The long and short of all this is that changes in gasoline prices have an effect on inflation rates, so declining gasoline prices could be an important cog in determining the path of CPI and PCE, thus, the likelihood of when the Federal Reserve shifts from investors’ enemy to its friend.
Of course, nobody knows what will happen from here. Prices could climb again if the situation in Russia spreads or producers significantly ratchet back production. Recently, OPEC said it would roll back the 100k barrels of additional production per day it added to markets in August. However, that’s a drop in the barrel (0.1% of global demand) compared to the cuts that might be necessary to support prices if a recession causes demand to fall off a cliff worldwide.
The U.S. has already delivered negative GDP in the first and second quarters, and the situation in Europe looks dire. Record high natural gas prices are causing plants to shutter activity, and recession is on the table throughout the EU.
For perspective, after per barrel prices peaked during the Great Recession in the summer of 2008, they fell to $32 from $142, despite OPEC cutting production by 1.5 million barrels in November and 2.2 million barrels in December 2008. In short, OPEC would need to be far more aggressive if they want to sure up prices if global demand contracts because of recession worldwide. Let’s not forget that China is a huge consumer of these products, and its economy is also stuttering.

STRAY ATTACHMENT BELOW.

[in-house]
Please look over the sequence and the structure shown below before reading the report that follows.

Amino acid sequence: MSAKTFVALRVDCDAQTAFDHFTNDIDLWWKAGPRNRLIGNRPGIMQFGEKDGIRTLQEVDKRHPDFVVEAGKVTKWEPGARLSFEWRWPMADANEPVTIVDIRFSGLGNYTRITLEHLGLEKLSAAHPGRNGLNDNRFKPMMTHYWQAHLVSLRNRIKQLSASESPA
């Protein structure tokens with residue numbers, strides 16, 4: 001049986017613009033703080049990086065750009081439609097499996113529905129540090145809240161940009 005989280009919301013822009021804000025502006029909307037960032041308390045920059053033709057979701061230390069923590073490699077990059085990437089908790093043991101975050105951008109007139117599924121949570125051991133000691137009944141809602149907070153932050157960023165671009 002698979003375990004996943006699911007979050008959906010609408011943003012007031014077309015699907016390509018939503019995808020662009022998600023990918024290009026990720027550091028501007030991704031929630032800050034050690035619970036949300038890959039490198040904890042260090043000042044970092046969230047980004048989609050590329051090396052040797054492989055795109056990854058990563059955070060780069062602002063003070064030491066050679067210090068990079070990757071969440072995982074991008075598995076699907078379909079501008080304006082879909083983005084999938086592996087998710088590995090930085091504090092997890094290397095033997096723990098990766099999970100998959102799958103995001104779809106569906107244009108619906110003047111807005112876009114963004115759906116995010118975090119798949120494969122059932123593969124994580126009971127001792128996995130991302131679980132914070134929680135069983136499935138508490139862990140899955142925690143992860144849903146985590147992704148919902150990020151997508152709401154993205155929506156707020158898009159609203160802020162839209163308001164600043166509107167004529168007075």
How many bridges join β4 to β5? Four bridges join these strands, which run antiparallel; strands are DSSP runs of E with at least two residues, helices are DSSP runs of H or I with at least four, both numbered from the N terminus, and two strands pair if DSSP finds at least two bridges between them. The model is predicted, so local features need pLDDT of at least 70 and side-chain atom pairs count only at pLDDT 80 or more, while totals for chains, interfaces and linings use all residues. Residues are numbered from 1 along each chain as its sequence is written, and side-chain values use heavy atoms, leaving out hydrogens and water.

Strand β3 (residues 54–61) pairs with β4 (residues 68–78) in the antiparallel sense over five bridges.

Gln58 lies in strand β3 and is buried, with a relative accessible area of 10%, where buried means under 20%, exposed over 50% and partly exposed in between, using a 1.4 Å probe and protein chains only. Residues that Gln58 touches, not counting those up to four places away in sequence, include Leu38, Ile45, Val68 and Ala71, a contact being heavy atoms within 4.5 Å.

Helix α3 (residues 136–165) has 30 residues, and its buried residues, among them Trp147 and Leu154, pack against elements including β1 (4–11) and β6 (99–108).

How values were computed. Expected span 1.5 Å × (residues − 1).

U.S production isn’t shabby, either. U.S. weekly field production totaled 12.1k barrels on August 26, up from a low of 9.7k barrels in August 2020 and 11.5k barrels the year prior. For perspective, peak production was 13.1k barrels before COVID shutdowns, and production 5-years ago was about 8.5k barrels.
The Smart Play
Gasoline prices historically peak during the summer driving season and trend lower in winter, so seasonality could mean that prices did put in their high during June for this cycle. However, offsetting seasonal trends is that sales from the U.S. strategic petroleum reserve designed to add 180 million barrels or roughly 1 million barrels per day (about 5% of U.S. daily demand) are scheduled to end in October.
It remains to be seen how easily the market will absorb the discontinuation of the reserve release. Still, perhaps, seasonality, declining demand caused by slowing global economic activity, and higher U.S. production offset it, helping gasoline prices stay, at a minimum, near where they are now.
If so, lower oil and gasoline prices could reduce the likelihood that consumers and businesses extrapolate high prices into the future, allowing them to put a lid on future price increases, thereby helping to keep core PCE in check. Admittedly, this is all guesswork. Nevertheless, decelerating inflation would provide the Fed with some cover to move to the sidelines.
If gasoline prices do flip to a year-over-year decline in March, it would coincidentally happen at the same time that every hike through September rolls out of Martin Zweig’s Fed Indicator, a measure designed to signal investors when the Fed is likely to reward or punish investors based on rate policy.
Zweig, who coined “Don’t Fight the Fed,” removes the negative impact of each rate hike after six months. Currently, the indicator stands at “very bearish,” but if rate hikes end in December, it could move to moderately bearish in March and, absent any additional increases, neutral by June. As you can see in the previous table, an improving indicator can make the path easier for stocks to gain ground.